More and more the push is on to be individual. We tailor children's learning to fit the individual. We value individual pursuits. We understand that everyone is different. But what does that do to foster a sense of belonging? How can we build a community if we are all individuals? For my kids, the answer has been sport.
For the past three weeks there has been a lot of chatter amongst the Grade 2 kids at my children's school about the new Futsal team starting up. In fact there was so much chatter, that 14 kids wanted to join, for a team that only needs five players and a couple of subs. So two teams were started, and now most days, my son wears an item of his new uniform to school.
My kids are at a primary school with no uniform. And they both love being able to wear whatever they like. But what I'm beginning to notice is how often they now choose to wear their local sporting clubs' hoodies as part of their everyday dress. Usually my son loves being the odd one out, and he takes great pleasure in dressing in the most extreme way, except that now that outfit may also include his bright green Futsal socks, or his new white shorts.
What is it about wearing sporting uniforms that kids love? Is it because they are so passionate about the sport and it brings them closer? Or is it just the sheer joy of belonging to something bigger than themselves and their own little friendship group? I suspect that in this age of the individual, most of us want to feel like we are part of something. That we aren't always marching alone, but that sometimes we can run onto a court or a field together.
If we go to the local supermarket after school, my daughter points out various girls she recognises only because they wear the same club jumper she does. She doesn't know these girls personally, they play in different teams, go to different schools and are often a different age, but still they look at each other with a shy glance of recognition and sometimes even a smile. This sense of belonging was very clear to me when we went on high school tours this year. Suddenly it didn't seem to matter so much to my daughter if she had to go to her zoned school without any of her friends, because at the tour she saw a whole bunch of fellow netballers from the same club, wearing the same hoodie.
For children to feel like they belong to something is important. And if it's the same something as their friends, then it takes on even more weight. My son plays for a local AFL club in winter because it's his best chance to see his old friends from kindergarten who go to a different school. He likes the other kids in his team because they are in his team, more than because they have anything in common. The game becomes the equaliser. It's their way to share something, to learn the club song, wear the uniform, and be part of their community away from their family.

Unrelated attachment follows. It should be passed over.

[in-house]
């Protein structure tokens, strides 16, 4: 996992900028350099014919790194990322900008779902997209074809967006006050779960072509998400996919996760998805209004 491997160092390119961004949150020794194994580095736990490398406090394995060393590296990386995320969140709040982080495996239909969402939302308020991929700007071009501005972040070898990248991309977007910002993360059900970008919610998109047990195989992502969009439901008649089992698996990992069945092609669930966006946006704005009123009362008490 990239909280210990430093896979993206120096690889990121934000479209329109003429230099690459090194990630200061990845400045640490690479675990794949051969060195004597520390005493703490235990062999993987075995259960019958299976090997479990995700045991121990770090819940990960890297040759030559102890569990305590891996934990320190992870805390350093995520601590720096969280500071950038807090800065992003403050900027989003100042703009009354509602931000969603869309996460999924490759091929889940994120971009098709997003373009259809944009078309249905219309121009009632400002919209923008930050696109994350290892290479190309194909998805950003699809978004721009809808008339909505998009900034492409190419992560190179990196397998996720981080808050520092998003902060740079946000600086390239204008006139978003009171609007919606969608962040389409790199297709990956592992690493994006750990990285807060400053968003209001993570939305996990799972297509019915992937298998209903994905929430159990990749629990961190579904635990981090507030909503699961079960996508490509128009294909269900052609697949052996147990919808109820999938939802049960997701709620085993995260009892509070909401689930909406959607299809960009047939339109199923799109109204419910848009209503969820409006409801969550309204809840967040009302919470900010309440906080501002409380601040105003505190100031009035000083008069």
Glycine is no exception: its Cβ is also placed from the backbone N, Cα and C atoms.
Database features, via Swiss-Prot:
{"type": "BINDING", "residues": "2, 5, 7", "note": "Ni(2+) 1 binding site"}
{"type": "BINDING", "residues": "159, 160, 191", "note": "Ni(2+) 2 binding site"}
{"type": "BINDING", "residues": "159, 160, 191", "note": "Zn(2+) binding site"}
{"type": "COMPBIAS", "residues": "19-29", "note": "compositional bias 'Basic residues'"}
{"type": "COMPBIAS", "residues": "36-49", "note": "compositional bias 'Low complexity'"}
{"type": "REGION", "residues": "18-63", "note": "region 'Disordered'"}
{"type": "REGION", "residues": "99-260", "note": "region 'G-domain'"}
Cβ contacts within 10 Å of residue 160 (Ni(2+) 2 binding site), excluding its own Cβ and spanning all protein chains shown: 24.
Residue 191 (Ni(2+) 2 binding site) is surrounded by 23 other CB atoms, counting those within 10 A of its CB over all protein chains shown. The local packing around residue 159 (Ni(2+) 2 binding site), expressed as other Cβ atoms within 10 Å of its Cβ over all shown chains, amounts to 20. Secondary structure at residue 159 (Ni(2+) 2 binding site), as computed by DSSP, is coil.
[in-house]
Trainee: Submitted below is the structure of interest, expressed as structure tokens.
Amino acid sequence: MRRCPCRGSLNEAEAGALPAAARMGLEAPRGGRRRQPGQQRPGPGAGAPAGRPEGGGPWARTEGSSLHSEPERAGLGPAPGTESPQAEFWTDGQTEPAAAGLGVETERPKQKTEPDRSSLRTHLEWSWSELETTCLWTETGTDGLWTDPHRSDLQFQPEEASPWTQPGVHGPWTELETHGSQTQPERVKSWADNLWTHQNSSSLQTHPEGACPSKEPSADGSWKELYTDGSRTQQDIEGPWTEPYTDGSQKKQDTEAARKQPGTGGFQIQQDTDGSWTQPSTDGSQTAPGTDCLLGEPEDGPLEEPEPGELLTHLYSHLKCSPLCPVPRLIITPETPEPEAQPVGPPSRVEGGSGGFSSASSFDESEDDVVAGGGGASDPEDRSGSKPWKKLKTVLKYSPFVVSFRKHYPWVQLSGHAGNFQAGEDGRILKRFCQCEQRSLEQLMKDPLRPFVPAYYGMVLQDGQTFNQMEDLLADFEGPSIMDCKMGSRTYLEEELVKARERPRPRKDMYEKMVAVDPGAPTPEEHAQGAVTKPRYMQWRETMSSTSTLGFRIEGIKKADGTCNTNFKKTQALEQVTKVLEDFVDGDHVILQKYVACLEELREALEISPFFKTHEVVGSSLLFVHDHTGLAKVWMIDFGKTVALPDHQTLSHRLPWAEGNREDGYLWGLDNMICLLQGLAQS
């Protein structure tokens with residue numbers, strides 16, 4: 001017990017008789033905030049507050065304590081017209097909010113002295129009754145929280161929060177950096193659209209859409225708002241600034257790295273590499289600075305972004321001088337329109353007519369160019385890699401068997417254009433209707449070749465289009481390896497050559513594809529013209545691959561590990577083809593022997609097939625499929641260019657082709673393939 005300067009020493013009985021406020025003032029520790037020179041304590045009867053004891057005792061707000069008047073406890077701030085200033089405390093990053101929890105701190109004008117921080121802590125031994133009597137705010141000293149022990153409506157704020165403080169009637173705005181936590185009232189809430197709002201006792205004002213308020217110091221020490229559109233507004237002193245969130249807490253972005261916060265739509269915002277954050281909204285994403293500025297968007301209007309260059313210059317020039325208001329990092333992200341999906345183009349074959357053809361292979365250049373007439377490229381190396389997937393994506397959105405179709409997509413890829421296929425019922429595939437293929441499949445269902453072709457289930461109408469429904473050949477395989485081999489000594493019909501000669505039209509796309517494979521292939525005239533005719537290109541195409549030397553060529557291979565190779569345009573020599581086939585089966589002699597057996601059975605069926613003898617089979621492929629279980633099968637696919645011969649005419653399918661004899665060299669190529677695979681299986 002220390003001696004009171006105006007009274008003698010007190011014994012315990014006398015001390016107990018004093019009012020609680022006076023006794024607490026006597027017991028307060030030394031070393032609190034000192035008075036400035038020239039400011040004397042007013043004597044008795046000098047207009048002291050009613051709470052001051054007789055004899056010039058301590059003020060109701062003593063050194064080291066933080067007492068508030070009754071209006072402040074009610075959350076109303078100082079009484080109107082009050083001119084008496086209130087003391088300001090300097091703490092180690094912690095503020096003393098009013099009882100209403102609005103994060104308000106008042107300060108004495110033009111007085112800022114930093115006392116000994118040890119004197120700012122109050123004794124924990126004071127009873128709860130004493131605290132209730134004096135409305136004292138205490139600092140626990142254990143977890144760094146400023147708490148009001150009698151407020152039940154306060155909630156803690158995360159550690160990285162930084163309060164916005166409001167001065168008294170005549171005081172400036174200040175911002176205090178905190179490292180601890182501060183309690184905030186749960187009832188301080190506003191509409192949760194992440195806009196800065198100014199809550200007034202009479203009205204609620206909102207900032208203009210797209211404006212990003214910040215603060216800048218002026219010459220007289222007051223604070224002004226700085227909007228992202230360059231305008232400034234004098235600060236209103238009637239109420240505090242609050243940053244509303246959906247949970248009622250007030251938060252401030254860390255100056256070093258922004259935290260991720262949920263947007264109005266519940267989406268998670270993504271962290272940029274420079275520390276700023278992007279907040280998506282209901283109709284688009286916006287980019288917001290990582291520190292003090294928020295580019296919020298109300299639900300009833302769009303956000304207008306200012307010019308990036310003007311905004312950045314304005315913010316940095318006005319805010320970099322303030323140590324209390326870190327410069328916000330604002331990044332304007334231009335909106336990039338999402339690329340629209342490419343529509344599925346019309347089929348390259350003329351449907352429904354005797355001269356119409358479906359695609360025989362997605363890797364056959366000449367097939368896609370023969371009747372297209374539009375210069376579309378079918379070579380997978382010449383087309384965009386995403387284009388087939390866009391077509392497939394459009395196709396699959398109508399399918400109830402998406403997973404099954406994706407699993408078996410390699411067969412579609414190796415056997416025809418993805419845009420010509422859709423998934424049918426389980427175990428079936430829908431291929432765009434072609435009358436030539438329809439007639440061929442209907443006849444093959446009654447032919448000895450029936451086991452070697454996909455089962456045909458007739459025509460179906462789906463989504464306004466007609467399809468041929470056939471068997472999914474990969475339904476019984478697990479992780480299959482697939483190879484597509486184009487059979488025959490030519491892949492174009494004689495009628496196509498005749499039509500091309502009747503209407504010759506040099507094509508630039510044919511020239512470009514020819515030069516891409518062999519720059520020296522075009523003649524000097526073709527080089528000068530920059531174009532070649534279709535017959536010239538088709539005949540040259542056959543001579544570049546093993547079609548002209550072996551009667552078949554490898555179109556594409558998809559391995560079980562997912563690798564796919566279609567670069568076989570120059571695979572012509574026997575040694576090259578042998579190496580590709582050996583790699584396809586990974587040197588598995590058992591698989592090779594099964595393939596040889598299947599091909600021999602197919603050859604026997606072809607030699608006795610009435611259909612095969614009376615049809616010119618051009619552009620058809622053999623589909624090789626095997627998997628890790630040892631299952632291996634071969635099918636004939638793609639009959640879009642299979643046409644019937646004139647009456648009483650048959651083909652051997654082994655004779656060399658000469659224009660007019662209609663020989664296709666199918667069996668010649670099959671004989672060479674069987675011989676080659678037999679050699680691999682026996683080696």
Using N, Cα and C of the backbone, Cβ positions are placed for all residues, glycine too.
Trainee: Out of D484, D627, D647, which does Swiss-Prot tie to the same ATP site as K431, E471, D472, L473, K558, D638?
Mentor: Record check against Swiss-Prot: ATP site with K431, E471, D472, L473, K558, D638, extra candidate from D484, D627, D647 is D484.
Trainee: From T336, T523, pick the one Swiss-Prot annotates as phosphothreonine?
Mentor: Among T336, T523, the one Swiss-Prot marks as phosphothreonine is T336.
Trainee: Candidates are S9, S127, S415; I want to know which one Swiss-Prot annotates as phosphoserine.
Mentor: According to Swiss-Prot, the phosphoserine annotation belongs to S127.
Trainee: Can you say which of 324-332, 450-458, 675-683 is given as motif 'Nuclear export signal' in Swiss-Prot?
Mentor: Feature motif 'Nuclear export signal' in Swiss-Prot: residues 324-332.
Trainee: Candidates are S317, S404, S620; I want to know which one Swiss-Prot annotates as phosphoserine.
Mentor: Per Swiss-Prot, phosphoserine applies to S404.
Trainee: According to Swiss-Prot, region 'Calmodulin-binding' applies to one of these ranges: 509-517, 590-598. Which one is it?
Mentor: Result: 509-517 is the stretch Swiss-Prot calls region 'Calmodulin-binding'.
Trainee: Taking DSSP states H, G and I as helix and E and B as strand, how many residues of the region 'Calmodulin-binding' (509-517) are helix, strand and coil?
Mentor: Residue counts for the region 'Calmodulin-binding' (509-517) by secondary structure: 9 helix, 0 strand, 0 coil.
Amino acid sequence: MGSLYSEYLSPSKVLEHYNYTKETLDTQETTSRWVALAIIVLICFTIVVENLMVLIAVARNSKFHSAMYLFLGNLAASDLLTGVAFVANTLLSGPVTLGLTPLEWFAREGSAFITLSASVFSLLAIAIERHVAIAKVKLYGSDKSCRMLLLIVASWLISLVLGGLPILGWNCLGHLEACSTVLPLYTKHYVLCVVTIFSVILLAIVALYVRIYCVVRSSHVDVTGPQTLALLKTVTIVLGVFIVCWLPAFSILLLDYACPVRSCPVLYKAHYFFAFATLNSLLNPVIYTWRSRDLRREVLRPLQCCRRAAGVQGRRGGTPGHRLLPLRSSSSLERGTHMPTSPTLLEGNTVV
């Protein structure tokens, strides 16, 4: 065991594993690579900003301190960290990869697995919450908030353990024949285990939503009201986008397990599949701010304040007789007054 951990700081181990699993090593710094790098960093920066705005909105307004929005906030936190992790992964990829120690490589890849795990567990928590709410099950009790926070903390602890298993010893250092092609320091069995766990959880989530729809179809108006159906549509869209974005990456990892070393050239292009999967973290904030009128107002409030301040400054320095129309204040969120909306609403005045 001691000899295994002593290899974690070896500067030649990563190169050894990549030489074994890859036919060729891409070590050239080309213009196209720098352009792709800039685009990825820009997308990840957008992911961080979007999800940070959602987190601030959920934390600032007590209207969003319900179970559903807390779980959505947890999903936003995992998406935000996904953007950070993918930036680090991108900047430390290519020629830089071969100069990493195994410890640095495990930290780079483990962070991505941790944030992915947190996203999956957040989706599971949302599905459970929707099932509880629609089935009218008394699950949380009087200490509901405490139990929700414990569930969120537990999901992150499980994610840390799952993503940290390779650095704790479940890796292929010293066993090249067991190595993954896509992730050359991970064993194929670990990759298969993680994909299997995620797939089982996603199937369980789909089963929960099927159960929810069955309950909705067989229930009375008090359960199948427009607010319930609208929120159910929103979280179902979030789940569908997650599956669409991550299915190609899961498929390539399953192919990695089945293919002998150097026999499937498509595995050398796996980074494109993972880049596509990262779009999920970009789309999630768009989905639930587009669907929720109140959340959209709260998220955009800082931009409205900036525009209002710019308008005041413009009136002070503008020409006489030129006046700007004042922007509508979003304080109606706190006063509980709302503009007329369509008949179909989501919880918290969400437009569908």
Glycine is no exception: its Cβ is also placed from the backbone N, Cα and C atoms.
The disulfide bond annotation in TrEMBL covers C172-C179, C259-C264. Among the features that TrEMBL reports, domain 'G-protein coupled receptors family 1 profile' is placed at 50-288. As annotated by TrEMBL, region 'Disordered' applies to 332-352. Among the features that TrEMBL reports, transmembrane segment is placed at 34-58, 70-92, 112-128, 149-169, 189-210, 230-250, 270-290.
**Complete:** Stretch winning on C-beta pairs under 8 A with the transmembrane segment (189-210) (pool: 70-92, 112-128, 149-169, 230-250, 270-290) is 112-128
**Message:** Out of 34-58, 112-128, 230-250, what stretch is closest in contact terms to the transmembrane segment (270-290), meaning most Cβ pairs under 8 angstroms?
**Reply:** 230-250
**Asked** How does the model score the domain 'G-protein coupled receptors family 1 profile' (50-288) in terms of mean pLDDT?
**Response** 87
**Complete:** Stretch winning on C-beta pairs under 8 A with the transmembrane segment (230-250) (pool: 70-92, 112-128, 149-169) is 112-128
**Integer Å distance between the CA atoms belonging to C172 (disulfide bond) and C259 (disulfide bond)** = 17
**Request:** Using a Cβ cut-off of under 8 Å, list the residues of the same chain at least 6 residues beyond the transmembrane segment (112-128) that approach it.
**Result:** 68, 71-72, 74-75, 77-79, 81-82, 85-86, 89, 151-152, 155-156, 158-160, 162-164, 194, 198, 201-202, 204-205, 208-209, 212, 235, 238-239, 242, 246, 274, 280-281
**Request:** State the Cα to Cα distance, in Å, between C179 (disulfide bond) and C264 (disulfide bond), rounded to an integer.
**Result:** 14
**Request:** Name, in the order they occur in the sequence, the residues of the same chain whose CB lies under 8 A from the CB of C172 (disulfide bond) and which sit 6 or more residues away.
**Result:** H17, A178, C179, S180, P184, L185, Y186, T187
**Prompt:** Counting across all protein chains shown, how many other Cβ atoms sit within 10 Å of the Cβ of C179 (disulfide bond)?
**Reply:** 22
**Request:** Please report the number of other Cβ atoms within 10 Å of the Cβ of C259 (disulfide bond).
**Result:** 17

Last week at school assembly, I looked across at the 460 kids sitting on the floor and noticed for the first time how many of them were wearing hoodies, jumpers and tops from various local sporting clubs. The grade 5/6 girls were in their navy netball hoodies, with famous Vixens' signatures scrawled across their backs. The Grade 2 boys and girls were in their newly acquired Futsal uniforms, with matching white shorts (in the middle of winter), blue tops and green knee-high socks. The kids in these uniforms were mostly sitting together, in clumps. And it made me wonder how those who didn't play sport felt about never having a visible way to belong to something.
Team sport is about learning to be part of a group and not operate like an individual, and it's an important process for children to go through. It's about learning to tow the line, and to share the limelight, and to work collaboratively. It's about learning to not be the best. But it has other benefits too. And those benefits are about how it makes the child feel if they can turn up to their clubrooms or their presentation night or their final, and look around to see all the people wearing uniforms like theirs, that are all there because they love the game, and because they are part of something together.